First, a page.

If your tastes run to Tudor design and you want an estate-quality plan, this design will fill your needs. Half-timbering, a turret and an arched recessed entry lend enchantment on the outside. Spacious rooms and loads of amenities spell great livability on the inside. Look for both formal and informal rooms on the main level: a 1 1/2-story living room with fireplace, a family room with built-ins, a den with bay window, a breakfast nook and a formal dining room. A utility room with built-in ironing center sits near a full bath and opens to the four-car garage with shop space. A terrace wraps around the left side of the plan and offers shaded eating space. Two sets of stairs lead up to the second level, where there are a vaulted master suite and a huge bonus room. Bedroom 4 is also vaulted.
Architectural Styles Associated with this design
Some of the features of this home are 'European'. European homes come in many guises, since the term reflects homes styled after those in many countries; English Tudor, French Country, and Dutch Gable, to name a few. Beyond the country of origin, there's also the period of history from which the style emerged; Georgian, Victorian, Greek Revival; the list is almost endless. The homes shown in the collection below feature elements inspired by those found in countries across the Atlantic.
Our traditional style houseplans comprise a neo-eclectic style borrowing details from historic styles and adapting to contemporary forms and materials - i.e.: Colonial porches and columns, Tudor half-timber, French steeply pitched hip roof and arched windows, Georgian entry doors or Victorian porch spindle work. Wood exteriors combined with brick or stone trim.
Traditional homes freely borrow from a number of historic styles and combine them to relay a new expression. Many historic styles are also 'traditional' in nature, and are incorporated into the Mascord Collection. Colonial, Tudor, Craftsman, Cape Cod - in this collection of home plans you'll discover floor plans that reflect modern lifestyles with spacious rooms, flexible spaces and modern conveniences, but mixed with distinct architectural flair, curb appeal and modern aesthetic. Expect elements such as free-flowing kitchens, breakfast nooks, and family room combinations.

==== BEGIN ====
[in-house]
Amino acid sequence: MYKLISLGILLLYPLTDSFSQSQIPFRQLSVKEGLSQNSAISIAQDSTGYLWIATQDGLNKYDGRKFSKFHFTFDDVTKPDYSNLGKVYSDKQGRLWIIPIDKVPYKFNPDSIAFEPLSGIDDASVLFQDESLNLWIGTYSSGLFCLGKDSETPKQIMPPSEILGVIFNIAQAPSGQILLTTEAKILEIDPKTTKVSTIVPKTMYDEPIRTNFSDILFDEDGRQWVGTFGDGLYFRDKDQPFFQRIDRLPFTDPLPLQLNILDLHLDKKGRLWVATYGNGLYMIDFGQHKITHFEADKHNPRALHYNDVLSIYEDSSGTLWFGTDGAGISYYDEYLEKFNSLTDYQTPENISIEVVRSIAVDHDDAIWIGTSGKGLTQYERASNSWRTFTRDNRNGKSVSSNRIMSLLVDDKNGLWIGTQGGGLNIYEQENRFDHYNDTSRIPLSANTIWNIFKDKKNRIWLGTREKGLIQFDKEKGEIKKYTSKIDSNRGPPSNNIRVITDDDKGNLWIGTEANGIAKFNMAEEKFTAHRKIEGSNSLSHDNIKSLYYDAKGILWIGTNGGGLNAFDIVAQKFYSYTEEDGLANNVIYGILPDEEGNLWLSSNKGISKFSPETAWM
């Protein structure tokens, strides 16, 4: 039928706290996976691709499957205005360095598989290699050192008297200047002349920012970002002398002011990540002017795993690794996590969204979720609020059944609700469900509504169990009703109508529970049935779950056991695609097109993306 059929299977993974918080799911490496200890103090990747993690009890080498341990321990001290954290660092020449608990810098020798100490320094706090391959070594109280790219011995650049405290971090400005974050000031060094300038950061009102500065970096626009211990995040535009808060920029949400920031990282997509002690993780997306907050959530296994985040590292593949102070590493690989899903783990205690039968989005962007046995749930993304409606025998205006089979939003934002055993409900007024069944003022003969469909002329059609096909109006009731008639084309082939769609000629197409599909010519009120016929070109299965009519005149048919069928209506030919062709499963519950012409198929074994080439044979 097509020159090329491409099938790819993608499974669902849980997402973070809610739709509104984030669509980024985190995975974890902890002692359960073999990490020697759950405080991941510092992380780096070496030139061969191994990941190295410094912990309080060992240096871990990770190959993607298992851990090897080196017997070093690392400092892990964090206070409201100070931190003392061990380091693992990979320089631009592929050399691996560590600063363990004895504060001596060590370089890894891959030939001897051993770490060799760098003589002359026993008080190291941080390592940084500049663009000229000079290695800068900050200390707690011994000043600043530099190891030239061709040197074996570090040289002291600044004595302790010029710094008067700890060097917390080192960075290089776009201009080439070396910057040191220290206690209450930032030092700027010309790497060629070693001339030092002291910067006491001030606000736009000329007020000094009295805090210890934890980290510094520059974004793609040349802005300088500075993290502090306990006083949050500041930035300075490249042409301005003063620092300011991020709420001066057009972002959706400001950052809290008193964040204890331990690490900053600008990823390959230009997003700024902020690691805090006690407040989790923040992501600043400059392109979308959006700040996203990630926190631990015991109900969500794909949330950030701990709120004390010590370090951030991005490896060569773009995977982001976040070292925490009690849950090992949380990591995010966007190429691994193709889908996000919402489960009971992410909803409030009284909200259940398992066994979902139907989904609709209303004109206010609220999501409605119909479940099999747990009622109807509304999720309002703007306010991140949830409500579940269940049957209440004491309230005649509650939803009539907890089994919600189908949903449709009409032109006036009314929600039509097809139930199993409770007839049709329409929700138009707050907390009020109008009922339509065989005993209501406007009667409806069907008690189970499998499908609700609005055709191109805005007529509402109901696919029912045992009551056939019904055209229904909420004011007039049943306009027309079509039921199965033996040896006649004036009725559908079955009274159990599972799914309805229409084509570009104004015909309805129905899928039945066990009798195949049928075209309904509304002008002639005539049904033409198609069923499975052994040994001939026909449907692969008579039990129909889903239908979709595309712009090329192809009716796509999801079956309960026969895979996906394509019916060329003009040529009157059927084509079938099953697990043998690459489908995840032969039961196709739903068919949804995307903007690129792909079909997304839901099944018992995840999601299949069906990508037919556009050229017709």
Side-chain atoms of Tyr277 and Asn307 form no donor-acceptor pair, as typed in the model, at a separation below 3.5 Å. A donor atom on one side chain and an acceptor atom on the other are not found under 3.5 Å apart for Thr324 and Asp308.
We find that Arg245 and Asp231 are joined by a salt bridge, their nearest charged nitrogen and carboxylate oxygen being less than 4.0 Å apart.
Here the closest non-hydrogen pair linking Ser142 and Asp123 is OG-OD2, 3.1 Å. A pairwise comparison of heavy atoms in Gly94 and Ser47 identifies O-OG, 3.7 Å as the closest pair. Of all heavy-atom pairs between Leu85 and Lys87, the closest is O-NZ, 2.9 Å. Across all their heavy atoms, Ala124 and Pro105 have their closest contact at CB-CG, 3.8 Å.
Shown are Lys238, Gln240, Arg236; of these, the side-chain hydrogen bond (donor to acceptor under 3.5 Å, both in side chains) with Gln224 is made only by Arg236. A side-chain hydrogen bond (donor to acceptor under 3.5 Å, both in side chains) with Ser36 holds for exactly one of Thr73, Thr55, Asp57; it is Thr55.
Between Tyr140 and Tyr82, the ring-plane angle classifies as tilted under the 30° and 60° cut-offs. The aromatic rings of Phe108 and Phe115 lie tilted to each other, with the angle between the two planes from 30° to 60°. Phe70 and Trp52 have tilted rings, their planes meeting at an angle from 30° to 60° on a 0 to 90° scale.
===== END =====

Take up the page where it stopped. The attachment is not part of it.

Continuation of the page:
We consider this home to be a Tudor or Storybook style home. We have a number of tudor and story book style home plans available in our collection, and many of our plans can be adapted easily to include tudor or storybook style elements to the exterior. Our tudor homes typically have steep pitched gable roofs, with half-timber decorations on the exterior. patterned brick-work or stone, stucco and multi-paned windows in groups are also common.
The tudor revival style became especially popular with 1920s suburban homes, loosely based on late medieval prototypes. Many tudor homes are identified with ornamental half-timbering to reflect the medieval construction technique. Tudor style homes often feature stucco or masonry veneered walls, steeply pitched roofs, and cross-gabled floor plans. The Storybook Style expands on the historical elements of the Tudor style, adding a medieval fantasy flavor. Castle turrets, copper embellishments of fantastical roof lines round out the vernacular.
Tudor / Storybook features:
- Multiple Tall Gables
- Sweeping rooflines
- Cantilevered Stories
- Large Brick Chimneys
- Tall Chimneypots
- Crenelated Walls (Battlements)
- Leaded Windows
The storybook style is a whimsical nod toward Hollywood design technically called Provincial Revivalism, and embodies much of what we see in fairy-tale storybooks, stage plays and in our favorite dreams.
Common Features of our Storybook Homes:
- The exterior finish is predominately stucco, often rough troweled, and frequently with half-timbering. Exteriors also feature rubble stone, crazed brick, or clinker brick; all-stone, all-brick, and all-wood construction are sometimes used. Turrets with conical roofs are a common feature, as are faux dovecotes.
- Walls can be sloped or curving, hand made or organic looking; wing walls are not uncommon.
- Rooflines are usually curved in some way—swaybacked, sagged, concave, undulating or sharply pointed; gables are usually jerkinhead or very sharply pointed; eaves are often rolled; use of catslides is common. Roofs are commonly finished with wooden shingles, wooden shakes, or slate laid down in a seawave or other intentionally irregular pattern; though the original materials have frequently been replaced over time, the irregular pattern is sometimes imitated in the more modern material.
- Round-topped or batten, often with a speakeasy - doors are frequently set in an arched frame lined with stone; when a turret is present, the building's front door typically opens into this. Windows are usually wood-framed with leaded or wavy glass installed; figural insets of stained glass are not uncommon. Wrought iron door hinges, handles, knockers, and locksets are common, as are other wrought iron embellishments.
- Most storybook homes are fairly small and are based upon a fanciful interpretation of medieval European homes, or traditional English cottage style. Larger storybook homes are often constructed to appear as though built up gradually over time, one addition at a time, or built primarily out of stone with battlements and turrets to resemble a castle.
- As befits their faux-rural heritage, many storybook homes are surrounded by trees and shrubbery. The greenery can conceal many homes from the casual observer, and reflect the 'cottage in the woods' setting of many homes in storybooks.